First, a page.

It is also important to note that the cover design shouldn’t be centered around the potential buyer. The cover needs to reflect the story that is within. There was a study conducted to see the influence of cover design and consumer choices. Scientists set up a camera to record the participant’s eye movement to see what covers drew them in. “The data of the experiment suggested that women from the age group 18-35 prefer books with cool color covers and the preference disappears with age; accordingly, men in the age group 56+ prefer books with warm color covers. The preference was not seen in younger age groups,” (Gudinavičius, 2018). With trends constantly changing, it is almost impossible and a waste of money to design a cover based on the audience. Plus, there is little evidence that cover design fully influences a reader to buy the book. The most the scientists could get is color preference, but it still didn’t affect everyone.
Some other marketing and PR aspects include current trends, hardcover & paperback, international covers, movie tie-ins, social media campaigns, and old & new covers.
Predicting which trends will come next is always tricky, especially in the publishing world. With covers being design months in advance, it is a hit or a miss to be on-trend. The three main trends include: silhouette, complex designs, or illustrated covers. Some smaller trends are “textured book covers, found materials, or handwritten pencil fonts in book covers” (Reid, 2020). Almost all of these trends apply to fiction or memoir because their trends are currently changing, unlike business or science, where they stay the same.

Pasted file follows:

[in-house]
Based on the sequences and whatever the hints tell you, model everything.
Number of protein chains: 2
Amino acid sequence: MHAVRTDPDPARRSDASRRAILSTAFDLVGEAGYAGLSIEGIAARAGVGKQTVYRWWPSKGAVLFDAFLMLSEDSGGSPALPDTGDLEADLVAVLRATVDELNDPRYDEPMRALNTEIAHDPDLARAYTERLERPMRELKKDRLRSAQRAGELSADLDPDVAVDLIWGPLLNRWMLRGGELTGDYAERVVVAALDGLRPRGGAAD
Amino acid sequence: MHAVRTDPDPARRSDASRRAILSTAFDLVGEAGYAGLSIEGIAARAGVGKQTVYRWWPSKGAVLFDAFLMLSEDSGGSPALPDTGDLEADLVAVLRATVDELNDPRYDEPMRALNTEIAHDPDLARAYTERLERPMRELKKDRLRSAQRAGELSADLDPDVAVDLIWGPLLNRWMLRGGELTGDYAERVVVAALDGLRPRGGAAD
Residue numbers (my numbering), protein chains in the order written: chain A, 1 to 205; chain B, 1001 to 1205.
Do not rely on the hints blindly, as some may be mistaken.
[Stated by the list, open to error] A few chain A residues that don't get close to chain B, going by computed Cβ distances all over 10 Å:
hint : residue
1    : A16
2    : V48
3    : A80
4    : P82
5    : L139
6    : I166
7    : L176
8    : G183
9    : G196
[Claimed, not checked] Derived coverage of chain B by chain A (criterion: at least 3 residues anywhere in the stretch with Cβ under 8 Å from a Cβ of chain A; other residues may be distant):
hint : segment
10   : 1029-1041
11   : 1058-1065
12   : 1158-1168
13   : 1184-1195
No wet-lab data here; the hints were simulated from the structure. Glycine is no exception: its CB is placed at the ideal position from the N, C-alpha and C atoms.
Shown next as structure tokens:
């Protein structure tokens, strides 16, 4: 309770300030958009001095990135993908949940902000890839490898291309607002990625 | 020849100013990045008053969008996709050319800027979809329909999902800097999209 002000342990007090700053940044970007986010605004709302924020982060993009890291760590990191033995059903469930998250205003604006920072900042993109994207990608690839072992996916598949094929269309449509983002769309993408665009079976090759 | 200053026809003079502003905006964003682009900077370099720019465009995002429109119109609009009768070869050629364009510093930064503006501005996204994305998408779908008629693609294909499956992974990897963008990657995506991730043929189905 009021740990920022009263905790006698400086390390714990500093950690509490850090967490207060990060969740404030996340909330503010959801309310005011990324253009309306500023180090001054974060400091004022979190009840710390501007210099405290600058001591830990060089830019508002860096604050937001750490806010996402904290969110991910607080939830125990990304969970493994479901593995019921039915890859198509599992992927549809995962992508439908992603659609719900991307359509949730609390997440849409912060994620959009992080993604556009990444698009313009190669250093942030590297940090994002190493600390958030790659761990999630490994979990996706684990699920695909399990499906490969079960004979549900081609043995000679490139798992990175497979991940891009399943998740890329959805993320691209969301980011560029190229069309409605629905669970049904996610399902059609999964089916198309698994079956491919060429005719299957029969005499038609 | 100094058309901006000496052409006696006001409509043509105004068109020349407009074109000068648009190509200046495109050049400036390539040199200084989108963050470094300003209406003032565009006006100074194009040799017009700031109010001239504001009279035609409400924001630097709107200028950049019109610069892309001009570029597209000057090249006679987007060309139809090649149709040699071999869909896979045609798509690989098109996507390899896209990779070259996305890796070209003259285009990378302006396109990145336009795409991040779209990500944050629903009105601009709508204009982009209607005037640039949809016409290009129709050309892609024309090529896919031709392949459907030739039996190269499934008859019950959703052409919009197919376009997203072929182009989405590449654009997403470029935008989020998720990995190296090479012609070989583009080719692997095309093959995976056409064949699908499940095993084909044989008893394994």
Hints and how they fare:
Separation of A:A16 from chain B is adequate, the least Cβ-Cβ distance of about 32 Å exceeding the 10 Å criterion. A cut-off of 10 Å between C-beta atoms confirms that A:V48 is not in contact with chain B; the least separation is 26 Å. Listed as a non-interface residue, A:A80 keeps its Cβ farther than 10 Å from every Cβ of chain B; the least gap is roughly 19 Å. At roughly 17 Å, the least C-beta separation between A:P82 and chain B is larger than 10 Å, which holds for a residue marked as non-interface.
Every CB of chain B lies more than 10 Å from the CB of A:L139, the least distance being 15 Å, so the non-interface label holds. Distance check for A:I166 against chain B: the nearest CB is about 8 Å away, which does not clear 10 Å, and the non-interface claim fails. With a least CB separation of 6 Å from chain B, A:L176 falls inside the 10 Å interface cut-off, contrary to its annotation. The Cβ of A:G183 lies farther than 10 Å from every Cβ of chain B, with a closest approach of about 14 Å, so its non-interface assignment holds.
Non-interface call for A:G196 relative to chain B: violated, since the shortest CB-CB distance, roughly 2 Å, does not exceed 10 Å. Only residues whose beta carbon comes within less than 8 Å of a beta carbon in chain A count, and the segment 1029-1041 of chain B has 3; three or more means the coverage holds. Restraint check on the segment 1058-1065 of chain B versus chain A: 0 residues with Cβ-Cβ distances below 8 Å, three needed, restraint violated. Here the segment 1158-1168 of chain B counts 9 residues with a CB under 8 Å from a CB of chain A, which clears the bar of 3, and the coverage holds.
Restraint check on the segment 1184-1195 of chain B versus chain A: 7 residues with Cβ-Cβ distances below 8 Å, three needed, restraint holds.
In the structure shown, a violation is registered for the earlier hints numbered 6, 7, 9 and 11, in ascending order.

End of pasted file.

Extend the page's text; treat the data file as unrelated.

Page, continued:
In fiction, colorful silhouette covers are all the range. Sticking with the illustrated movement, readers are drawn in its familial and straightforward vibe. These covers also follow Gestalt theory with simplicity, figure-ground, and proximity.
The trend of illustrated covers started in romance but has now taken root in fiction as well. These cover designs are similar to silhouettes in terms of design principles but usually have their own style.
Complex covers have taken over fantasy and young adult fantasy. These incredibly detailed covers offer so many different elements to look at. The reader could spend hours picking out each little detail.
Another marketing and PR strategy for publishers to release a book at least twice. First, in hardcover, then in paperback once sales start to dip.
“Publishers apply a product differentiation strategy, releasing a high-priced hardcover followed by a low-priced paperback version of the same title to address the segment that is less willing to pay (or more willing to wait). Currently, hardcover books account for more than 70% of total book sales, but paperback sales account for 53.6% of sales (in terms of value) within the category of fiction books. Therefore, paperback books play an important role in sales in the fiction genre, and the current trend is in favor of paperbacks having an even greater impact in the future,” (Stölting, 2011).